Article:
Problem gambling and obsessive-compulsive behaviors share genetic as well as behavioral links, according to a study by researchers at Yale, Veterans Affairs Medical Center and the Saint Louis University School of Medicine. These findings may help guide not only treatment development efforts but also identify biological measures underlying the conditions.
Physiological and behavioral similarities between problem gambling and substance abuse have long been noted, but gambling’s ties to obsessive-compulsive disorder are less well established.
A new study of twins, published Feb. 11 in JAMA Psychiatry, sheds new light on the relationship between problem gambling and obsessive-compulsive behaviors. The study finds that individuals with severe obsessive-compulsive behaviors — or those who demonstrate specific forms of the behavior, such as fear of germs or desire for order in the environment — are also more likely to meet diagnostic criteria for gambling disorder.
“This overlap between problem gambling and obsessive-compulsive behaviors appears to be genetic in nature,” said Dr. Marc Potenza, professor of psychiatry, child study, and neurobiology, and senior author of the study. “This common biological basis of the disorders could help inform treatment development efforts for individuals with co-occurring gambling problems and obsessive-compulsive behaviors.”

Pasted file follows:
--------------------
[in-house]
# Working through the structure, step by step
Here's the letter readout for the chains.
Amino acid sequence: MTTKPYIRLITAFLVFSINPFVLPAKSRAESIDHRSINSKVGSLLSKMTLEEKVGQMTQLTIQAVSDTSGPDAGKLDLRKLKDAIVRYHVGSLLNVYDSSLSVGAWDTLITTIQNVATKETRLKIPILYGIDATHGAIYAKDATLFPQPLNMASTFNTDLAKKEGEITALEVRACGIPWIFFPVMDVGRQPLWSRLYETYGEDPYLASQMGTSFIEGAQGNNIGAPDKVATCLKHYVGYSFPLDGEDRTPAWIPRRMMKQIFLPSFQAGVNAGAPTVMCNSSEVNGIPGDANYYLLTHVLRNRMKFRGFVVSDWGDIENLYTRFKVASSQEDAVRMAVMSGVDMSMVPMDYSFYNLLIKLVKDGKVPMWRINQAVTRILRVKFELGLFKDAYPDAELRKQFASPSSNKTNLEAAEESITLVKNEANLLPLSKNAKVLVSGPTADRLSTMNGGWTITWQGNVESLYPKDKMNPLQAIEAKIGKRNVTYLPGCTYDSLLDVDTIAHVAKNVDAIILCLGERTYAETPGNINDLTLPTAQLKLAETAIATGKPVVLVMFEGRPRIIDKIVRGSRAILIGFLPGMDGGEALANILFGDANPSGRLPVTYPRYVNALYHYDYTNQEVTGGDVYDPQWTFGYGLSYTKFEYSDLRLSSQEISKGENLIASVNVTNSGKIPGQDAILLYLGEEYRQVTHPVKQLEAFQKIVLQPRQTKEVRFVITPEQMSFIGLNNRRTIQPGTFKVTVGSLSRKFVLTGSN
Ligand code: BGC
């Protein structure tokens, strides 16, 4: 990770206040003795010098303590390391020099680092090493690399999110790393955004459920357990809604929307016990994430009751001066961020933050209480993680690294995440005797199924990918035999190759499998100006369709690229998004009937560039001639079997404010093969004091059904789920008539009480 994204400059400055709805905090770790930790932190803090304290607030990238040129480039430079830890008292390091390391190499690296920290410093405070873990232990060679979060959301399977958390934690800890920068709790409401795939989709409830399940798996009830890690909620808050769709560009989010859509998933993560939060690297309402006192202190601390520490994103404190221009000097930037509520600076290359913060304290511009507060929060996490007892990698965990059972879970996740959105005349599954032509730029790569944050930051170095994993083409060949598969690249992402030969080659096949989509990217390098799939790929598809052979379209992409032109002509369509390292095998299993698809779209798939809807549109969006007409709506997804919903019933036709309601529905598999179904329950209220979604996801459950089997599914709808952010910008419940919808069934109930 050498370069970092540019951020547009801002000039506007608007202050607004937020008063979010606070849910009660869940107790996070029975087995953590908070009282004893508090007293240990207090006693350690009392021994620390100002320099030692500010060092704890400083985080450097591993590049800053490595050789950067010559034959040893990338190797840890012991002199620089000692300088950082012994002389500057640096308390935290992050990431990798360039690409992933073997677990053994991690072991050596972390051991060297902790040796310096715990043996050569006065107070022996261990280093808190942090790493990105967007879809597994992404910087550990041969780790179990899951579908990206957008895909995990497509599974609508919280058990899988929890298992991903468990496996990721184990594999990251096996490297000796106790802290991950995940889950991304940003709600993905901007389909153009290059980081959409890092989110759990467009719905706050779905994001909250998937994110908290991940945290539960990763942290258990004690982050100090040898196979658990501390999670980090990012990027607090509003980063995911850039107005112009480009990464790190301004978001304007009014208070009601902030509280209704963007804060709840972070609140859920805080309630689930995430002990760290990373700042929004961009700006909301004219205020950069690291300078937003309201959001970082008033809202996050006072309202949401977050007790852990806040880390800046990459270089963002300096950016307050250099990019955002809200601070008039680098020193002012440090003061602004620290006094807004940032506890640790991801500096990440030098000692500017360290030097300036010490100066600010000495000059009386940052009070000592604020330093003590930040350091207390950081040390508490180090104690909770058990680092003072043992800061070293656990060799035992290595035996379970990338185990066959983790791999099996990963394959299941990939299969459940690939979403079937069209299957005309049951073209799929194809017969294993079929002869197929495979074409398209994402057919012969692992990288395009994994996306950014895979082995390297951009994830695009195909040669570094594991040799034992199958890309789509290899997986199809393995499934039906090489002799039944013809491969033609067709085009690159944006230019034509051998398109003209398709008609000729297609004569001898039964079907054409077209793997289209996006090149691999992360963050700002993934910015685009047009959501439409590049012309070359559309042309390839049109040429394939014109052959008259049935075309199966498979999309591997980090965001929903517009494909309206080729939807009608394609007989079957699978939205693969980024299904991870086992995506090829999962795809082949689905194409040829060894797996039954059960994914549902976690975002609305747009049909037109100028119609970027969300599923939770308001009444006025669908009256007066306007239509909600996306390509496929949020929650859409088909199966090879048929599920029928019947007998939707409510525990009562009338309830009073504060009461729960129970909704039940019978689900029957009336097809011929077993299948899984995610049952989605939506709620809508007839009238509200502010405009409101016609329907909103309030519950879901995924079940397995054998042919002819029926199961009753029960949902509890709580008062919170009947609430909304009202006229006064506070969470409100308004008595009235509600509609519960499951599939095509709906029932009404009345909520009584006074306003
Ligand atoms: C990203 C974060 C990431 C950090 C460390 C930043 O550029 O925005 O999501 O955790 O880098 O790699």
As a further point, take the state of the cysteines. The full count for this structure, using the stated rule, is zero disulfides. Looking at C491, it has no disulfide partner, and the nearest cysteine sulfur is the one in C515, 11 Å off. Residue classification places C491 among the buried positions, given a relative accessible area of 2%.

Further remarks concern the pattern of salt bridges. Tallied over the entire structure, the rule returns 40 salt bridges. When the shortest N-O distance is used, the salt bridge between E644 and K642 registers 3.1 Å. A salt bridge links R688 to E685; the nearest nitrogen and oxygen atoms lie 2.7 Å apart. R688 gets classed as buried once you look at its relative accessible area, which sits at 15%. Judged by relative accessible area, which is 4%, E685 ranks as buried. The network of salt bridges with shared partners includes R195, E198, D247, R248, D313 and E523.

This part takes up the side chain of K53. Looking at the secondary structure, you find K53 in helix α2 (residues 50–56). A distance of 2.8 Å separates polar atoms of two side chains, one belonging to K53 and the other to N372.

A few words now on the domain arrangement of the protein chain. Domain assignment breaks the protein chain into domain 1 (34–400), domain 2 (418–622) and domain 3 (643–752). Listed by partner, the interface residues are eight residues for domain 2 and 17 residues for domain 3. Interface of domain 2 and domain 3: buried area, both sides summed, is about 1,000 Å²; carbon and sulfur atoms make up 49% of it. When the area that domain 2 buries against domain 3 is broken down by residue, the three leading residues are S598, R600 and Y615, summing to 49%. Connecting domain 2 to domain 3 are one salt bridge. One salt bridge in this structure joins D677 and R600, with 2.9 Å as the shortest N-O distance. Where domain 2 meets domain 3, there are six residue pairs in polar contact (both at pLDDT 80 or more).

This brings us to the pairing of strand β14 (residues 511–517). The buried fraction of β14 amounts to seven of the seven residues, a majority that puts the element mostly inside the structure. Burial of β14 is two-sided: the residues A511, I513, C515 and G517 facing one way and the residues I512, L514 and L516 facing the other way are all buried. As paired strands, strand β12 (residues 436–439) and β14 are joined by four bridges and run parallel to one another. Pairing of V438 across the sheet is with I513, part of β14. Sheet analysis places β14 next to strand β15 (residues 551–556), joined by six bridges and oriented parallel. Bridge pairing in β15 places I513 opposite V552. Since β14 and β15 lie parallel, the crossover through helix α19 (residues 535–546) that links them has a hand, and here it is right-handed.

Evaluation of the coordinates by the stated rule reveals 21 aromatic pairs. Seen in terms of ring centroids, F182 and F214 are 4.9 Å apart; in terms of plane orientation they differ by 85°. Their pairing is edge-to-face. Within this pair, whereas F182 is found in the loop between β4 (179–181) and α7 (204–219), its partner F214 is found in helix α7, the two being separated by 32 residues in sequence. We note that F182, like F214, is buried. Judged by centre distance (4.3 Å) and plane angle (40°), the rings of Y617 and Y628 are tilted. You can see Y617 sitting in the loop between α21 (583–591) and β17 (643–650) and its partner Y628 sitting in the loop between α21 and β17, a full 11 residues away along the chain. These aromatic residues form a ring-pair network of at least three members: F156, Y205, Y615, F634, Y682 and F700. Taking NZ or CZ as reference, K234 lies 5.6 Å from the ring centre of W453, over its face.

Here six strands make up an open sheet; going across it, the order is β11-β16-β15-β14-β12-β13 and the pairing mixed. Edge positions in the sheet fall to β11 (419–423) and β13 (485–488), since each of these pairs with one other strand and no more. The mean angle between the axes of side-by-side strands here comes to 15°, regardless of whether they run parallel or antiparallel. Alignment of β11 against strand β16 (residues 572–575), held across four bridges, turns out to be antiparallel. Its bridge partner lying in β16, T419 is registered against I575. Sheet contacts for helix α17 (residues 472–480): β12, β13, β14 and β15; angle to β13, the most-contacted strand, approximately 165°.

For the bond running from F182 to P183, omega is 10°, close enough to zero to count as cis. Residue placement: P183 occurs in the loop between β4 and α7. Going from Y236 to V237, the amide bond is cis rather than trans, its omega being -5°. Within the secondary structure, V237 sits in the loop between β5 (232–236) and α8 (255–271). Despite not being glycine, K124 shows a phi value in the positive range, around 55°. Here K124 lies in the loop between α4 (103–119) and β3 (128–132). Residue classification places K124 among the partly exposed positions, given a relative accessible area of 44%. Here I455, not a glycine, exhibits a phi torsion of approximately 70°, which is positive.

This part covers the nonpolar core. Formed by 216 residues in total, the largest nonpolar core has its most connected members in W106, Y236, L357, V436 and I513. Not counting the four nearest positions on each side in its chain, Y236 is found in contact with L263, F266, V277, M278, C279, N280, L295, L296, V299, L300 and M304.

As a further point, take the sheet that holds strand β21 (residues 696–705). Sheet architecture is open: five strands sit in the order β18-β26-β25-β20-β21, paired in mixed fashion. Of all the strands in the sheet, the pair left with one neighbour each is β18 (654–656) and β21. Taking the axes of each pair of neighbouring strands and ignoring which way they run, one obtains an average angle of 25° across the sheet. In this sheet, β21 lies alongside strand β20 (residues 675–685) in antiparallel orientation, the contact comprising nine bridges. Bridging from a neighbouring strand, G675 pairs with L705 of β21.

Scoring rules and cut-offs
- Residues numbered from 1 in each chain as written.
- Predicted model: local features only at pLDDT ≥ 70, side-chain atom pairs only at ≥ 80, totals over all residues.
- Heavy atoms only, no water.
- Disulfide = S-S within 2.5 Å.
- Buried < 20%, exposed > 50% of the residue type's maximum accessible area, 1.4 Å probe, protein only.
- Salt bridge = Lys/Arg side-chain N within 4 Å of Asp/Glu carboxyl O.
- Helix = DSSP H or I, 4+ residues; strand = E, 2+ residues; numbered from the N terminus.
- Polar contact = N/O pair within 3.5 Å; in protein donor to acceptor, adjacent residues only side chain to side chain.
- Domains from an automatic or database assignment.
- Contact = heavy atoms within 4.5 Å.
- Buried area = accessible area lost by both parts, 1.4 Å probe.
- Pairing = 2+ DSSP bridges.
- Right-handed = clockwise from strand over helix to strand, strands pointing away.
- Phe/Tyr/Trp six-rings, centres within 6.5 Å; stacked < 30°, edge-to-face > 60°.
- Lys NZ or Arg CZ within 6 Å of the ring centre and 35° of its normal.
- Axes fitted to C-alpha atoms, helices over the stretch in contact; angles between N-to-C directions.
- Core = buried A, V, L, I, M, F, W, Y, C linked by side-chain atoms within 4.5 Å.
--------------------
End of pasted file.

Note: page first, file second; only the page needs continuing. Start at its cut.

Potenza notes that the field of psychiatry has struggled with how best to classify gambling disorders. In the older diagnostic guidelines for doctors, pathological gambling was classified as an impulse control disorder, but in current guidelines, gambling disorder is classified as an addiction.
“I think the current evidence in conjunction with previously published data suggests that gambling disorder shares similarities with both addictions and obsessive-compulsive behaviors,” Potenza said.
The study was funded by the Department of Veterans Affairs Health Services Research and Development Service, the National Institute of Mental Health, and a Yale Center of Excellence in Gambling Research grant from the National Center for Responsible Gaming.
Jeffrey F. Scherrer of Veterans Affairs Medical Center at St. Louis University is first author of the study.
(Photo illustration by Michael S. Helfenbein)